Here are the new changes which were announced by the Federal Government for insured mortgages type. These new rules will be effective from July 9th, 2012 are:

  1. The maximum amortization is reduced from 30 years to 25 years. This amortization period reduction will help Canadian families in reducing their total interest payments towards their mortgages, which also means faster build up equity on homes and paying off mortgages. It’s the third time the Harper government has reduced the maximum amortization period in the last four years to make it easier for Canadians to buy homes.
  2. Availability of government-backed insured mortgages to homes is limited by its price; properties purchased for over $1 million are not eligible for mortgage insurance.
  3. Reduce the maximum loan to value ratio on refinances to 80 per cent from 85 per cent. It means now the maximum equity homeowners can take out of their existing home when refinancing is 80% of the value. It’ll promote saving via home ownership and also encourage homeowners to manage borrowings through their homes.
  4. Maximum gross debt service ratio has been fixed at 39 per cent and total debt service ratio at 44 per cent. This will result in better protection to Canadian households in case of an increase in interest rates or sudden economic problem.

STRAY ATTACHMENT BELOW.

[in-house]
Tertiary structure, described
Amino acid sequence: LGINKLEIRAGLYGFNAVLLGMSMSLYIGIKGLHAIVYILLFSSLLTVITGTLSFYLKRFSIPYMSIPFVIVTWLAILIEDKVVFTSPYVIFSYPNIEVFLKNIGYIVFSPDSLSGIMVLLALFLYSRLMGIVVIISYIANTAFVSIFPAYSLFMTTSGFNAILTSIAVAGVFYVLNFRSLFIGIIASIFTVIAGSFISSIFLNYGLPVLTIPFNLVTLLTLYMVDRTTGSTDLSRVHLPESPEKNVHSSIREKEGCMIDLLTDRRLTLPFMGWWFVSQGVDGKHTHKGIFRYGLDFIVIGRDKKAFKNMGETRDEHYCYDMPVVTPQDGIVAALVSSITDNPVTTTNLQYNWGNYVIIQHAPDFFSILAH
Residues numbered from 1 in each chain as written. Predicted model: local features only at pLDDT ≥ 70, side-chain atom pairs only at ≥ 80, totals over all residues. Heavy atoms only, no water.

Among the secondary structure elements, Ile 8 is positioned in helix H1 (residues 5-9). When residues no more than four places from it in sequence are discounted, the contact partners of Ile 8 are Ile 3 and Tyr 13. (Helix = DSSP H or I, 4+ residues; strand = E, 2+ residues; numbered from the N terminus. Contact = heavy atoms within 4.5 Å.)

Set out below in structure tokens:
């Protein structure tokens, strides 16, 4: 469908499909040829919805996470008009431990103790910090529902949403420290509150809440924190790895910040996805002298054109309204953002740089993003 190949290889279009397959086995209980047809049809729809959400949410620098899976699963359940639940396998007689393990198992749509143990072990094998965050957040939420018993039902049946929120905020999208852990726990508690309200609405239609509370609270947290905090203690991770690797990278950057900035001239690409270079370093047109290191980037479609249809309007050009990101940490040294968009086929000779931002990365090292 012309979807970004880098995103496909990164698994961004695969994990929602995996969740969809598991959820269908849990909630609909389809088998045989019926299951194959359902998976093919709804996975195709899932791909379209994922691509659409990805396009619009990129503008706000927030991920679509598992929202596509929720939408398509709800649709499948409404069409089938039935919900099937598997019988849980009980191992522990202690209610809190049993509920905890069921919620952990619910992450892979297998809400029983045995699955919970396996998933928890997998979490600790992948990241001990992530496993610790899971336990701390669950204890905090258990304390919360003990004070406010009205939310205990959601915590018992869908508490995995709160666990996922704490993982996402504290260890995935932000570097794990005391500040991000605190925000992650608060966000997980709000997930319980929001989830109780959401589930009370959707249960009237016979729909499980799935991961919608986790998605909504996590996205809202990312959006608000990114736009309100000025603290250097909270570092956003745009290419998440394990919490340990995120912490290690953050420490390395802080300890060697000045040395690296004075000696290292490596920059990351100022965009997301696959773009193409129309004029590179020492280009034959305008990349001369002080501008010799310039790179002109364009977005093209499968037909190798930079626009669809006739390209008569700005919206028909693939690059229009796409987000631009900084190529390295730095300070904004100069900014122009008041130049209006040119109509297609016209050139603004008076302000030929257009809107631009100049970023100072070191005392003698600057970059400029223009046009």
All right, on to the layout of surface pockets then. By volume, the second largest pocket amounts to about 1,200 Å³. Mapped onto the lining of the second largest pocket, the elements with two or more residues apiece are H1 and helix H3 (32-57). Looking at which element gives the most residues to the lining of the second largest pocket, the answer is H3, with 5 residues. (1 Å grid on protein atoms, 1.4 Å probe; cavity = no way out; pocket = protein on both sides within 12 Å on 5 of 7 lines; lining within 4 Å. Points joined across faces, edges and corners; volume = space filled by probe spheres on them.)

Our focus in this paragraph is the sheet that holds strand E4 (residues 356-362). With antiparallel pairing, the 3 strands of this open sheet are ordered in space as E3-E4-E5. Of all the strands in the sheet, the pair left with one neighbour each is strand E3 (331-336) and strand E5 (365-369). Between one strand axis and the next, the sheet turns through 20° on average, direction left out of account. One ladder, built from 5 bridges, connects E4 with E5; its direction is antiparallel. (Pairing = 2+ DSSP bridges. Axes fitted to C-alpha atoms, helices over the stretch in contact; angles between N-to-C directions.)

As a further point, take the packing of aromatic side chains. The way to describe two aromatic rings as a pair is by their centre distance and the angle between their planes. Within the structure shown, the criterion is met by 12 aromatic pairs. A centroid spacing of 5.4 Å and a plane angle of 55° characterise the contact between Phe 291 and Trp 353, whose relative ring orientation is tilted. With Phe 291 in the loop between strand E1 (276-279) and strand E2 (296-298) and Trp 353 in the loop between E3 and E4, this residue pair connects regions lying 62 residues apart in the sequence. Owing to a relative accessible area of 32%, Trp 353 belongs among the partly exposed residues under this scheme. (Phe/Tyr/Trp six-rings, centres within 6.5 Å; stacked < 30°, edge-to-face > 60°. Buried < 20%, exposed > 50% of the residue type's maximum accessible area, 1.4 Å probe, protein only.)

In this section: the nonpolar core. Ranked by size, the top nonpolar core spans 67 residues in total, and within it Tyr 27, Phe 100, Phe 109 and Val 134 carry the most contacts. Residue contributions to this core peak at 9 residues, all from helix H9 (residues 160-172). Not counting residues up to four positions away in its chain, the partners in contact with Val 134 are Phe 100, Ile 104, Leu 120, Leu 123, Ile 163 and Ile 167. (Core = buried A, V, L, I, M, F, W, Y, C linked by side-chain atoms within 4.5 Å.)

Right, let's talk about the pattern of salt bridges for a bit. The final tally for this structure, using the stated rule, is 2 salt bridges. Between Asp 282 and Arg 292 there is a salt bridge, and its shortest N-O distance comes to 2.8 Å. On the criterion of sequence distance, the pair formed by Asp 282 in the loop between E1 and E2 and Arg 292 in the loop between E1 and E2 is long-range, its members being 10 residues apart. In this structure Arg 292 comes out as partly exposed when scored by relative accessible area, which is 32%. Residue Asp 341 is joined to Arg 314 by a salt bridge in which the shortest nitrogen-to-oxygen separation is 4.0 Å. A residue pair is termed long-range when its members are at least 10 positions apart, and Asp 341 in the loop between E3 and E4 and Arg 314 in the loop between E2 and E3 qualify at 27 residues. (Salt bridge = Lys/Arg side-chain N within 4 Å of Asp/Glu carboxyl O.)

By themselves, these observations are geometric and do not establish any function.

In the words of Minister Flaherty, “Our Government stands behind the efforts of hard-working Canadian families to save by investing in their homes and their future”. These adjustments will help Canadian people in realizing their goals, making it easy to purchase homes beside will help in reducing the threat of debt to personal disposable income ratios reaching up to the toxic 160 mark, the rate that caused a major downturn in economies of America and Great Britain. For more detailed information on the update, please visit www.fin.gc.ca


Canadian Government Announced New Mortgage Rules For 2011

Finance Minister Jim Flaherty Announced New Mortgage Rules For 2011Federal government tightens mortgage rules 2011 are seem to be like it been cracking down on Canadians’ ability to qualify for a mortgage, although on one side these changes will help hard-working Canadian families to save by investing in their homes and future but on the other hand Canadian government is shifting its insuring behavior entirely on lenders because risk of these loans will now be on the financial institutions that lend the money. Will these recent changes will slow down Canadian housing market 2011 while making it harder to buy a new home or consolidate debt into your mortgage?

On Monday, January 17th 2011, Finance Minister Jim Flaherty along with Natural Resources Minister Christian Paradis announced new mortgage rules while implementing 3 main changes with an intention to alleviate concerns over consumer debt, to help combat increasing household debt and to add further stability to the Canadian housing market.